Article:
And you realize that perhaps you, with all your darkness and mistakes and imperfections and light and strength and bravery, you are beautiful.  You are a gift to the world.  Just as beauty is a gift to you.

These moments of beauty, you wouldn’t really SEE them like you do if they were all you had.  Or if your life were easy.  Because you wouldn’t need to see them.  There would be little use for them.  But you do have the wretched nights of little sleep and deep despair, or days when the night seeps into the day.  When your soul aches from exhaustion, and the pain feels like it can’t go any deeper.  And, my love, you LOOK for the beauty.  Damn, do you ever.  It’s your fuel.  During the night, you either consciously wonder when the light will come again, or if your hope runs thin and you stop anticipating, when it actually comes you are that much more bewildered and in awe.  You marvel and you laugh.  A hearty laugh because what more joy is there than to be given something beautiful?  Ahhh, maybe there is an even greater joy.  One that you’re still learning.  What if it is then to give it away?  Your heart becomes so full with the beauty that it will simply burst if it doesn’t let any of it go, so you give it away in a smile to a friend or even someone who has hurt you.  You point out to someone the beauty you see in THEM and hope they see it, too.  You care for your teenage friend and really ask how she’s doing.  You do something that would encourage your mom.  You look for ways to love others.  You write, and you song-write, and you hopefully create something beautiful for others to enjoy.  And you realize that perhaps you, with all your darkness and mistakes and imperfections and light and strength and bravery, you are beautiful.  You are a gift to the world.  Just as beauty is a gift to you.  You are a chiaroscuro piece, created by someone more skillful than Caravaggio.  Don’t let your weaknesses or failures cover up your strengths and successes.  They’re just a contrast, remember?  If the darkness weren’t there, the light wouldn’t be as bright.  Embrace all of you.  Be the gift.  Remember, darling, that beauty reins, both around and inside of you.

Make Friends With Your Anxiety

When we hear the word “anxiety,” we almost always associate it with something unfavorable. These “negative” thoughts brought about by anxiety can affect our relationships with other people and how we function at school or work. Most people would describe “anxiety” as a creepy creature who whispers incessantly in our ears all the things we don’t want to hear. For some, it is feeling uneasy when there is nothing to be uneasy about yet there is no way to shut down such uncomfortable feelings.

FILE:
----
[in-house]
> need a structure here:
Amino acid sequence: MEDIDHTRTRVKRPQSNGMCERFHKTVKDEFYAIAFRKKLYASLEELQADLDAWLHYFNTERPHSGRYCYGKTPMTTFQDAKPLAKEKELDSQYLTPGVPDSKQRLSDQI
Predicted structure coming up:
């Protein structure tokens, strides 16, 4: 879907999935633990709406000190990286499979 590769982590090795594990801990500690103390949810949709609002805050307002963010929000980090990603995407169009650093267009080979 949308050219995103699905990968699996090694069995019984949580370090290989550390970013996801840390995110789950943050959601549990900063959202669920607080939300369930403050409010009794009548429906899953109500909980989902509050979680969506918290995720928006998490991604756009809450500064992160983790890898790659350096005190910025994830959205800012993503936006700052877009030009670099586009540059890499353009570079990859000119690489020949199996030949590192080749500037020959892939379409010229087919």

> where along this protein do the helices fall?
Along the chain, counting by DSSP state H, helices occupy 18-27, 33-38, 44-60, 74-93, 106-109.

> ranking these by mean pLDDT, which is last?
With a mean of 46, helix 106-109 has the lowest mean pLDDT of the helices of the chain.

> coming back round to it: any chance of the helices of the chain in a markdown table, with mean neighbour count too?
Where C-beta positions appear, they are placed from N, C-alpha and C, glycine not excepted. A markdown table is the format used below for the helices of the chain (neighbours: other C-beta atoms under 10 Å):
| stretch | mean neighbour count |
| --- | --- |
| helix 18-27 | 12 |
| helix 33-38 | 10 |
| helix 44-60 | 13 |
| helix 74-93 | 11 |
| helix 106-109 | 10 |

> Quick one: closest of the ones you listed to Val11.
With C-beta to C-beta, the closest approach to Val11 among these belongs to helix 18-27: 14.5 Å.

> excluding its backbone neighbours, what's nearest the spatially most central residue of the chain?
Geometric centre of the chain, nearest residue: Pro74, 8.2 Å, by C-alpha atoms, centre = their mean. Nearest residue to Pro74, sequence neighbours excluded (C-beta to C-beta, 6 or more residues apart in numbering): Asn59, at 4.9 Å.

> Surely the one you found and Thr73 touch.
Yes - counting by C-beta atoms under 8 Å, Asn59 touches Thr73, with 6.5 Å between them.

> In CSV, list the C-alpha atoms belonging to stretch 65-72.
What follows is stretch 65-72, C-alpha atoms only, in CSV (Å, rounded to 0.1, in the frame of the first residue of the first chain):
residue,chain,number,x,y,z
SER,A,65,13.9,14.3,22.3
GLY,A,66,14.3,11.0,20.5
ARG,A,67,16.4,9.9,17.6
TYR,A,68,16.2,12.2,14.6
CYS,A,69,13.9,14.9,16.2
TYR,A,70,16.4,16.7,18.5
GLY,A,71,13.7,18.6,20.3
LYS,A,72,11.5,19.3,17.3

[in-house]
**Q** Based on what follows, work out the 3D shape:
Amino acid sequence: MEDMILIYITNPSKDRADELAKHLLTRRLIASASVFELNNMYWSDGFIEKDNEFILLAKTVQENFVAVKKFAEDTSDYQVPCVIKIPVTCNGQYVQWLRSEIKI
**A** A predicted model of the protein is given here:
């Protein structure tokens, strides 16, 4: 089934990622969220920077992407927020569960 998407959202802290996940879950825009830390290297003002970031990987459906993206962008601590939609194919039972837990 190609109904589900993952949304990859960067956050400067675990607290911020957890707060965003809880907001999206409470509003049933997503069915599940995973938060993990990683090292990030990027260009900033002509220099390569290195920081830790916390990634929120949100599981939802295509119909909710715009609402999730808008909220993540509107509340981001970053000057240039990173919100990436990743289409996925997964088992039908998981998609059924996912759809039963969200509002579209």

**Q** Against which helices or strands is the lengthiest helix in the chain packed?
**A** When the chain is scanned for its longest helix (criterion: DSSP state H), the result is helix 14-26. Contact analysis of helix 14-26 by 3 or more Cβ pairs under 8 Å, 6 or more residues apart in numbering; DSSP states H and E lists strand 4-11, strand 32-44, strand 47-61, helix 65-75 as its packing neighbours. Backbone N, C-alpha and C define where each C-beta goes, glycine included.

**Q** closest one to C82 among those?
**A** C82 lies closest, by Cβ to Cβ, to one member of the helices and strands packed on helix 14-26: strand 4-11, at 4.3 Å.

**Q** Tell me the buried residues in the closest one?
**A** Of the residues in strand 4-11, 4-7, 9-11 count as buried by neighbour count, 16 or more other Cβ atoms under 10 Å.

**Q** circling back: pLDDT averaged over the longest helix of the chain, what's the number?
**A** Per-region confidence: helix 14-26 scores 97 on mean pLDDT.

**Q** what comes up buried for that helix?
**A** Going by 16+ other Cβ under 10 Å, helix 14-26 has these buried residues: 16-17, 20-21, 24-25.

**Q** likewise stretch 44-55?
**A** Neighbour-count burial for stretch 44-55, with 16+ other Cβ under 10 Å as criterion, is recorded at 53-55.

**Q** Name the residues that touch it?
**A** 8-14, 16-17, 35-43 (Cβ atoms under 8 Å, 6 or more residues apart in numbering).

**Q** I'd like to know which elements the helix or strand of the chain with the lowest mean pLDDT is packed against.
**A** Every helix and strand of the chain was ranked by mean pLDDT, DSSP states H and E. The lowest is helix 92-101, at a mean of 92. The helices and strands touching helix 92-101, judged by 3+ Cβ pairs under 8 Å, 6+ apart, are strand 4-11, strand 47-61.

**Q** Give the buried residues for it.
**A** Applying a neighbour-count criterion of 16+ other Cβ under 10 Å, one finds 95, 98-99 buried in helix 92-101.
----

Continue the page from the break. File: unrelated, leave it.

But is anxiety that bad? Is it the evil monster that we think it is? Like most things, anxiety lies in a spectrum. It can have a negative or positive influence on an individual’s behavior. But since it has always been associated with negativity, people tend to ignore or dismiss it instead of listening to it. It is rare or unheard of to think that anxiety can have a positive influence. Think of it as a knife – most people would instantly dismiss or have it put away before someone gets hurt instead of giving the utensil recognition for its usefulness in preparing a delicious dinner. Be it detrimental or beneficial, anxiety is trying to tell us something worth our full and due attention. For this reason, one should make a friend out of anxiety.

Anxiety acts as a wake-up call to deal with problems urgently. If it is trying to tell us anything, it is that something is not right and must be dealt with immediately. However, most people would either avoid tackling the issue or resort to aggression. These do not solve the real problem at all and may even cause more problems, like opening a can of worms. Instead, a person should listen to what his or her anxiety is trying to say. If it is trying to point a person to a specific issue, then it’s best to take heed and deal with the subject. If the anxious thoughts do not point to something specific, then it’s best to consult a professional who can give counseling.